|The top pretty much sums up me and Wesley's relationship...|
I got a little teary, stopped for hugs and kisses, Bart snapped a bunch of pictures, I threw my running jacket at them, told Wesley that I loved him, and off I went. Seeing my family at that point was crucial. Ruthie screaming at me, “you can do it, you’re DOING it, Car,” made me so proud and motivated to keep going.
I didn’t have to wait long until I saw my #1 fan. Some of our family friends live on the parkway at mile 14, so I planned to run into their house to use the bathroom, run right back out onto the course, and keep on my way. I wasn’t expecting my dad to be there, but as I’m chugging towards the Johnsons house, I see the familiar green rain jacket and face hidden by a camera. “Dad!” I screamed and we hugged, I ran in to pee, got a HUGE glass of ice water from dear Amy, and kept on going.
|Holy ass sweat, Batman.|
Mile 16 was when the rain started. It had been clouding up since I got to the lake, but at 16 it was a steady rain. Remember how I said I dreaded running in the rain? Well once it started, I started struggling mentally. Marathons are mostly mental, so when I saw my old roommate and her mom at mile 17, the first (and maybe only) thing I said to her was “Bec, I’m so tired. I’m so tired and wet. I’m wet, I hate this.” But a smiling face helped me get up to my parents house at mile 19, where I knew they were waiting for me with a bag I had packed the night before.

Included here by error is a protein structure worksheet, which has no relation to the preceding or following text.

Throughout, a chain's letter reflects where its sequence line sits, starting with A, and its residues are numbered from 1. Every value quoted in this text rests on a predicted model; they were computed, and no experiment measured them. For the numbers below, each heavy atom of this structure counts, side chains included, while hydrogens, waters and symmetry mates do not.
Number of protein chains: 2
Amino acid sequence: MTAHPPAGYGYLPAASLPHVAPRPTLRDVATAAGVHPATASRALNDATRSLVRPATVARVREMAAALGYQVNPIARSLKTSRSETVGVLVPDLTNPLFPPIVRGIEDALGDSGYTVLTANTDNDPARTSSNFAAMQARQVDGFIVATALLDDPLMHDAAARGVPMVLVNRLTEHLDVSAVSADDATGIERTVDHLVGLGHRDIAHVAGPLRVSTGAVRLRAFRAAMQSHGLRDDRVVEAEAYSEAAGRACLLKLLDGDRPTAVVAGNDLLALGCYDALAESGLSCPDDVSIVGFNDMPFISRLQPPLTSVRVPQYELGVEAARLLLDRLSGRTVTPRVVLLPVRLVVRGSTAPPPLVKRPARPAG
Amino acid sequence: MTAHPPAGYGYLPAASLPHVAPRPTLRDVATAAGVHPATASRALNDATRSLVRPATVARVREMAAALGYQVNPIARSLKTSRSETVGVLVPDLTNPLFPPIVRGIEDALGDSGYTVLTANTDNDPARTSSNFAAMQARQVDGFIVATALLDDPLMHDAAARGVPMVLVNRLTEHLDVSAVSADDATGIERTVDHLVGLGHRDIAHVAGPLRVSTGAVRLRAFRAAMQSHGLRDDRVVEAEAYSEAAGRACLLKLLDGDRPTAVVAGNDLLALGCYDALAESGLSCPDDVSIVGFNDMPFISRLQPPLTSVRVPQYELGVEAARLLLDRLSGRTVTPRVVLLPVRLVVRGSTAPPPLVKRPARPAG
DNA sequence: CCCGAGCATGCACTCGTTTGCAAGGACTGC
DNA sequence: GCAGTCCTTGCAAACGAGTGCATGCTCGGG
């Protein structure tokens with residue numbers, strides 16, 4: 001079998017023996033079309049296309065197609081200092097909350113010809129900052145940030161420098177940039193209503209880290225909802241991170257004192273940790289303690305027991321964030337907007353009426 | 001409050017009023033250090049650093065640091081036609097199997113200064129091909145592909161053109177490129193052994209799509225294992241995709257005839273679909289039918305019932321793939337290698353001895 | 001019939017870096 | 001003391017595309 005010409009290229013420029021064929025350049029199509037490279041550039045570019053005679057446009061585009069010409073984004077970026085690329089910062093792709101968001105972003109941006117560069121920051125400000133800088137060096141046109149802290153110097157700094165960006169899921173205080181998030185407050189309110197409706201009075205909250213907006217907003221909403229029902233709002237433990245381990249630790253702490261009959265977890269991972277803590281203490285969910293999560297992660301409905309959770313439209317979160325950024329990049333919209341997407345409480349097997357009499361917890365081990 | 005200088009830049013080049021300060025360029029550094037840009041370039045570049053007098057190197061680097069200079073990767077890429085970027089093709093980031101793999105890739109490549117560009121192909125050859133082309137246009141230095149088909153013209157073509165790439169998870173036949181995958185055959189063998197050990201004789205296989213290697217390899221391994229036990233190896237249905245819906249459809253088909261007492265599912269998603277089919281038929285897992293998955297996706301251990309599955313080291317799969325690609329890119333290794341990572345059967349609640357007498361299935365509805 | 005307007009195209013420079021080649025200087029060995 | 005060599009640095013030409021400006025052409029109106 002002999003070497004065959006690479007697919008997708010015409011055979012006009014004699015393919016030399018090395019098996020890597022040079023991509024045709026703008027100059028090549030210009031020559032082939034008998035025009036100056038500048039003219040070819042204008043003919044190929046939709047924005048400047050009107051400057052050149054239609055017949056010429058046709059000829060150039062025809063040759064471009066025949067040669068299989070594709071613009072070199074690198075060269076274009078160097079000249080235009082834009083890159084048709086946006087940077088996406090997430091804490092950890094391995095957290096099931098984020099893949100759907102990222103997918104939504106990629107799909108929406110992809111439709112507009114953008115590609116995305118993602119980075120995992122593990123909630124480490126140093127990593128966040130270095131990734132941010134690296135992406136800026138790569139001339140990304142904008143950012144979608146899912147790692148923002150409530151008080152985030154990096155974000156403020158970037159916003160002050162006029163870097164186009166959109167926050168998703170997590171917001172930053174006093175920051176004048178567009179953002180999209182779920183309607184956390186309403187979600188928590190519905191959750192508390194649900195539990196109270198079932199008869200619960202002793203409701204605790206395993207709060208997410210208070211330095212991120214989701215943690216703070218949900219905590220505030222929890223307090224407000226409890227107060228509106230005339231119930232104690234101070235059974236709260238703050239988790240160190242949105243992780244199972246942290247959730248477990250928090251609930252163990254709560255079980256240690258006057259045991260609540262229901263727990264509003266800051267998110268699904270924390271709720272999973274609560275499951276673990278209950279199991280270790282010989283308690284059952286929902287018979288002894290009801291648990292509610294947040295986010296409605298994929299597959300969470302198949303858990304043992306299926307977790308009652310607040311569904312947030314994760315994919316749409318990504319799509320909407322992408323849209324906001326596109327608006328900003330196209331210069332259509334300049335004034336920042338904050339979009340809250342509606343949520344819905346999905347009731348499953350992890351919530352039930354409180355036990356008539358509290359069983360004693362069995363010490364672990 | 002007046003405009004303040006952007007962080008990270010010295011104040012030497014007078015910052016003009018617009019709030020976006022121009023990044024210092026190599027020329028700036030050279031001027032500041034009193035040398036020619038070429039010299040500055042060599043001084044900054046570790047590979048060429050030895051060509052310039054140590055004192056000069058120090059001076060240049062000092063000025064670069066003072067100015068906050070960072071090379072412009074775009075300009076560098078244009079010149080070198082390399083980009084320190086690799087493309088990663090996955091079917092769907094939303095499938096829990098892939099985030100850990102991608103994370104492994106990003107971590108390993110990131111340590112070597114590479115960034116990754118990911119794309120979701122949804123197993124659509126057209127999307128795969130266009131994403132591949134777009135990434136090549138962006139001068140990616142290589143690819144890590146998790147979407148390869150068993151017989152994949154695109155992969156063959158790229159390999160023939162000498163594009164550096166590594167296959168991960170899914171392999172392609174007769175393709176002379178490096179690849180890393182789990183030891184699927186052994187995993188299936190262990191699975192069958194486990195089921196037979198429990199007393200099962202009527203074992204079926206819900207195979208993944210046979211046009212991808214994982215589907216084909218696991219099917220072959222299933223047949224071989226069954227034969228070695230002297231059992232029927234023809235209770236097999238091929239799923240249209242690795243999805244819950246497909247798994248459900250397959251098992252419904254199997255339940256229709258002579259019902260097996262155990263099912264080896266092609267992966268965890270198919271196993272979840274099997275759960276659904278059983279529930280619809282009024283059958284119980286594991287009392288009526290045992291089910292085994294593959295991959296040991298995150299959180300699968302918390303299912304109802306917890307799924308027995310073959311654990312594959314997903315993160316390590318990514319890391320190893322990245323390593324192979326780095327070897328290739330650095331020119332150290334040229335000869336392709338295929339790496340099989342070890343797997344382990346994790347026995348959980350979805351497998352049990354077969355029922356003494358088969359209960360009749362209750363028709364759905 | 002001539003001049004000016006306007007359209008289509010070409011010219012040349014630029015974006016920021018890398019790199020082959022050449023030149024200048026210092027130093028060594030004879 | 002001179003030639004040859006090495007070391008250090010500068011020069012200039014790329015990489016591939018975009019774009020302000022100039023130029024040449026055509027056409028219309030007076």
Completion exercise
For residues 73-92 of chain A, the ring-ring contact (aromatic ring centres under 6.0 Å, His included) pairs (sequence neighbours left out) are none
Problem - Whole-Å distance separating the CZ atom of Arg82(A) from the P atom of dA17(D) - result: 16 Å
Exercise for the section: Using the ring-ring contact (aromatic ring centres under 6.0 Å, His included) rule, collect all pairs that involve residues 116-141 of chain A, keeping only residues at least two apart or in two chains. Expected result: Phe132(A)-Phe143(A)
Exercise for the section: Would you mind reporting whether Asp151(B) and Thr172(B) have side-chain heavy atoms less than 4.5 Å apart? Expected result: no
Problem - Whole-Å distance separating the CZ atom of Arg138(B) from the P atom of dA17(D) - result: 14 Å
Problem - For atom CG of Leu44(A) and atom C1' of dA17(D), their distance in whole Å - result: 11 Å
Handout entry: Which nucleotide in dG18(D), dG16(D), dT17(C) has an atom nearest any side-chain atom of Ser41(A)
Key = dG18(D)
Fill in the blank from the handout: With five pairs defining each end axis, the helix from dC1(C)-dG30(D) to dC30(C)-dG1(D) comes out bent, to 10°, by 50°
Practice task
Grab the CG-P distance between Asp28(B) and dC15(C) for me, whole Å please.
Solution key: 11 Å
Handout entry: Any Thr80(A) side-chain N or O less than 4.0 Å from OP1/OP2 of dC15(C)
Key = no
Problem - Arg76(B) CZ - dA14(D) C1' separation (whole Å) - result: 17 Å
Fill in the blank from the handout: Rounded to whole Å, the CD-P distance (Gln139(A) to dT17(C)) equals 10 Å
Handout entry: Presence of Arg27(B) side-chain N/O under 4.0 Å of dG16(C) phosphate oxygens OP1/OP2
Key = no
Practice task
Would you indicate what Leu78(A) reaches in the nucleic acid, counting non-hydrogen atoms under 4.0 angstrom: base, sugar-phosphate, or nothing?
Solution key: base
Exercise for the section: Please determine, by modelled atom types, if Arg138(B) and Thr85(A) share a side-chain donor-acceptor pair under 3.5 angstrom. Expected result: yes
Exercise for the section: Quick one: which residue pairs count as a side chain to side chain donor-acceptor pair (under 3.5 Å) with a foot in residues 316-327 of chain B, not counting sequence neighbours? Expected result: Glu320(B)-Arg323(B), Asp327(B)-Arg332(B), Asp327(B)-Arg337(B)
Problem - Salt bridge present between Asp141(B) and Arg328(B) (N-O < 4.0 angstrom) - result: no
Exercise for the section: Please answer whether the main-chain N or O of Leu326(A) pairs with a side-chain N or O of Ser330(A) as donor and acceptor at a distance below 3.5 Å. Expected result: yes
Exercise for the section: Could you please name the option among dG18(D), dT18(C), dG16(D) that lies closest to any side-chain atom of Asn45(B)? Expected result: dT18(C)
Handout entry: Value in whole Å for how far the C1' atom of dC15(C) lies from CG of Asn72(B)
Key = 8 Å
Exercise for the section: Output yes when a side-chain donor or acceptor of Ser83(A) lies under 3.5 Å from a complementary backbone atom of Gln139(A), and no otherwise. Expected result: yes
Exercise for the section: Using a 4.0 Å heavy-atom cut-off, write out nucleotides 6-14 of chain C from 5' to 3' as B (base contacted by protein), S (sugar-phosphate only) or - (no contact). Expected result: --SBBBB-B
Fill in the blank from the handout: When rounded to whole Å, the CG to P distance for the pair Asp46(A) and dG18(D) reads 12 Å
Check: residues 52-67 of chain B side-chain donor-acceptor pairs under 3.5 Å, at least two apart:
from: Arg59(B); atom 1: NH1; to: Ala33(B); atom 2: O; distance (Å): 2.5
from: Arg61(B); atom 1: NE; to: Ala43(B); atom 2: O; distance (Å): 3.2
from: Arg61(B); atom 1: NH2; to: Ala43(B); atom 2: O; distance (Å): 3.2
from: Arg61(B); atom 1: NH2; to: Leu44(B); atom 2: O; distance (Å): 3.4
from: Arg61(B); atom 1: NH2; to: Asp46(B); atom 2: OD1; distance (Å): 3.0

As I climbed the hill at 19, the hill I know best and dreaded worst, all I could think was “don’t cry when you see your mom. Don’t cry, dad will be taking pictures, don’t cry.” I was crying the second I saw them in the distance. My mom in her purple rain jacket and my dad in his green one. They have come to every race I have ever run, and it seems to rain for a lot of my races, so as soon as I see the jackets, I know I will get a boost emotionally.
I made it up to my parents and promptly cried saying, “Mom, I’m so tired, I want to be done. Mom, can we just go home now?” As I scarfed down a banana (I hadn’t really eaten anything until this point), my mom lit a fire within me, saying, “you can do this. Across the bridge, up the big hill, and you’re home. You’ve come this far, you’re not quitting now.” My dad told me he was proud of me. I cried. I hugged my parents, clinging a few seconds longer than normal, and with a look of
determination ugly tear-stained mug on my face, I set off to conquer the rest of the race.
I wasn’t sure when or even if I would have any spectators until the end, so I was prepared for a 5 mile slog. See what happened there? I miscounted the miles left after mile 19 in my delirious state, and instead of 5 miles to go, I had 7. A rude awakening at the 20-mile marker, believe me. Once I crossed the Franklin Bridge, I could feel the “wall” creeping up on me. I saw one of my best friends from high school and her boyfriend standing in the rain on the St. Paul side of the bridge. I stopped to chat with them. We laughed about my mile counting snafu. Larry told me I had already run more miles than he would ever run in his life. I had a laugh and off I went.